The Round Norfolk Relay, held in the middle of September, is a race that has been on my radar for a few years now. The team race is run around the entire boundary of Norfolk (198 miles from start to finish), split into seventeen unequal distances with both trail and road sections and seems to attract a great number of clubs from all over the country year on year.
It was very early on in the year when one of the guys at club mentioned in passing that he would like to organise a team of runners from our running club for the event this year. I threw my name forward as a potential runner for one of the stages, not knowing at the time that I would be pregnant (and quite so far along) when it came to race day itself.
Although I grew up in North Norfolk and with my parents still living there, the amount of miles I have covered in the surrounding area is much less than I would like.
(Screenshot taken from my FetchEveryone Conquercise game.)
Knowing much of at least the North Norfolk section of the RNR course I would love to have explored the course on foot as part of a race team. However, with the race falling just a fortnight before I was due to have my caesarean, it wasn’t to be this year, and all I could do was sit on the sidelines and offer to volunteer and crew where required.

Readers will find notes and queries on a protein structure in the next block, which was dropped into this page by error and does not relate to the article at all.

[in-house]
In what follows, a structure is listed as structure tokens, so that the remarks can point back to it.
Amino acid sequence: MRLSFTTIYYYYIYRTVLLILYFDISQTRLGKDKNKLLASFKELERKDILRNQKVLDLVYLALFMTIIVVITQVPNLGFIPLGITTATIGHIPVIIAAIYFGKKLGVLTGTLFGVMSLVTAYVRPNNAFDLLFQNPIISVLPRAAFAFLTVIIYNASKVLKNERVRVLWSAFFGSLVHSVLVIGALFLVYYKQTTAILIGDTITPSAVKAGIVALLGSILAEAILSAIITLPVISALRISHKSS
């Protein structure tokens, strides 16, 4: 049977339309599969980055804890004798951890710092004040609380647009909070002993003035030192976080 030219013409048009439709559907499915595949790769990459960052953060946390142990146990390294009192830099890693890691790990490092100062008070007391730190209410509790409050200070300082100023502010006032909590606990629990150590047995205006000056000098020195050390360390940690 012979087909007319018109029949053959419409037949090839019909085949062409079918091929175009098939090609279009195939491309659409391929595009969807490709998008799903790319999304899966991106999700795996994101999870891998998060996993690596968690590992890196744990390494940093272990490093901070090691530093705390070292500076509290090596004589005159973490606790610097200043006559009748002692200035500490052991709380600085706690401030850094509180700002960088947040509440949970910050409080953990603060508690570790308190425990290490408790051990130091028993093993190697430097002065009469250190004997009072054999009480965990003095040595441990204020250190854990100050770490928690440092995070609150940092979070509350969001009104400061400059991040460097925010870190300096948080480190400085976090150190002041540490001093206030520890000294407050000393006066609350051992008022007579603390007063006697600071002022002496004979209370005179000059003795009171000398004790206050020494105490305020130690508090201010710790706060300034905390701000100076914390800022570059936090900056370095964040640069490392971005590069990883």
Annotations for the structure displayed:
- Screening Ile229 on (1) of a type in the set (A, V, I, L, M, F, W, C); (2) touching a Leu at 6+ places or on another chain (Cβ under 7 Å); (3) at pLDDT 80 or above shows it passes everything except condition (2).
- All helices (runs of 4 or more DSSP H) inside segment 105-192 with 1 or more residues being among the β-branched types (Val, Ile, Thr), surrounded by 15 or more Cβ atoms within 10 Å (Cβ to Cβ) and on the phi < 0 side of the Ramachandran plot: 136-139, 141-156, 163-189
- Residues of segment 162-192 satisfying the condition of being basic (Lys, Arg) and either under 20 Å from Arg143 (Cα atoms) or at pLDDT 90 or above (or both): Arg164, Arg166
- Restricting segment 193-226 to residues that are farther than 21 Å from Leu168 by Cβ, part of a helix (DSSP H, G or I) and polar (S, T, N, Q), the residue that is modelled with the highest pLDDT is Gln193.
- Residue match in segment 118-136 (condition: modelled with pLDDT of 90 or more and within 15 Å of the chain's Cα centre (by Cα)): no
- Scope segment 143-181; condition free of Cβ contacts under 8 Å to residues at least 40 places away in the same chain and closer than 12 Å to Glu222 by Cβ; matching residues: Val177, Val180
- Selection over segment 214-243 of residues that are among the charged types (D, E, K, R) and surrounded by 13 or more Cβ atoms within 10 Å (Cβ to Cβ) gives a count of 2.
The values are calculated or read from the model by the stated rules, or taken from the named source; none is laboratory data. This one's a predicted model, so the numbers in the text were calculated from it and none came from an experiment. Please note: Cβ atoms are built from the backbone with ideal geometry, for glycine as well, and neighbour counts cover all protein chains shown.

Not only does each team require seventeen different runners in order to take part, it also requires a strong crew team who help transport runners to start and finish locations, time each leg of the race, accompany runners with a bike (during the day) and car (during the night). I’m not quite sure Colin realised just how much organising was required when he agreed to lead the team back at the start of the year. Good job he knows how to work a spreadsheet! 😉
All those who had agreed to help crew the team met up at the pub a fortnight before race day to learn of our roles and talk plans through for the race. It turned out that there are some very strict rules for the race to prevent disqualification and we needed to know all of them. Each of the runners had requested either a road or trail section of the course, and a short or long distance section to run.
Each club is responsible for timing their own runners at all sections of the race. I was down as the timekeeper for legs 1-4. This meant that I needed to arrive at the second checkpoint (Hunstanton) at 8am on race morning to collect the stopwatch from Colin and Gillian who would be starting it at Kings Lynn when our first runner, Zac, began the race.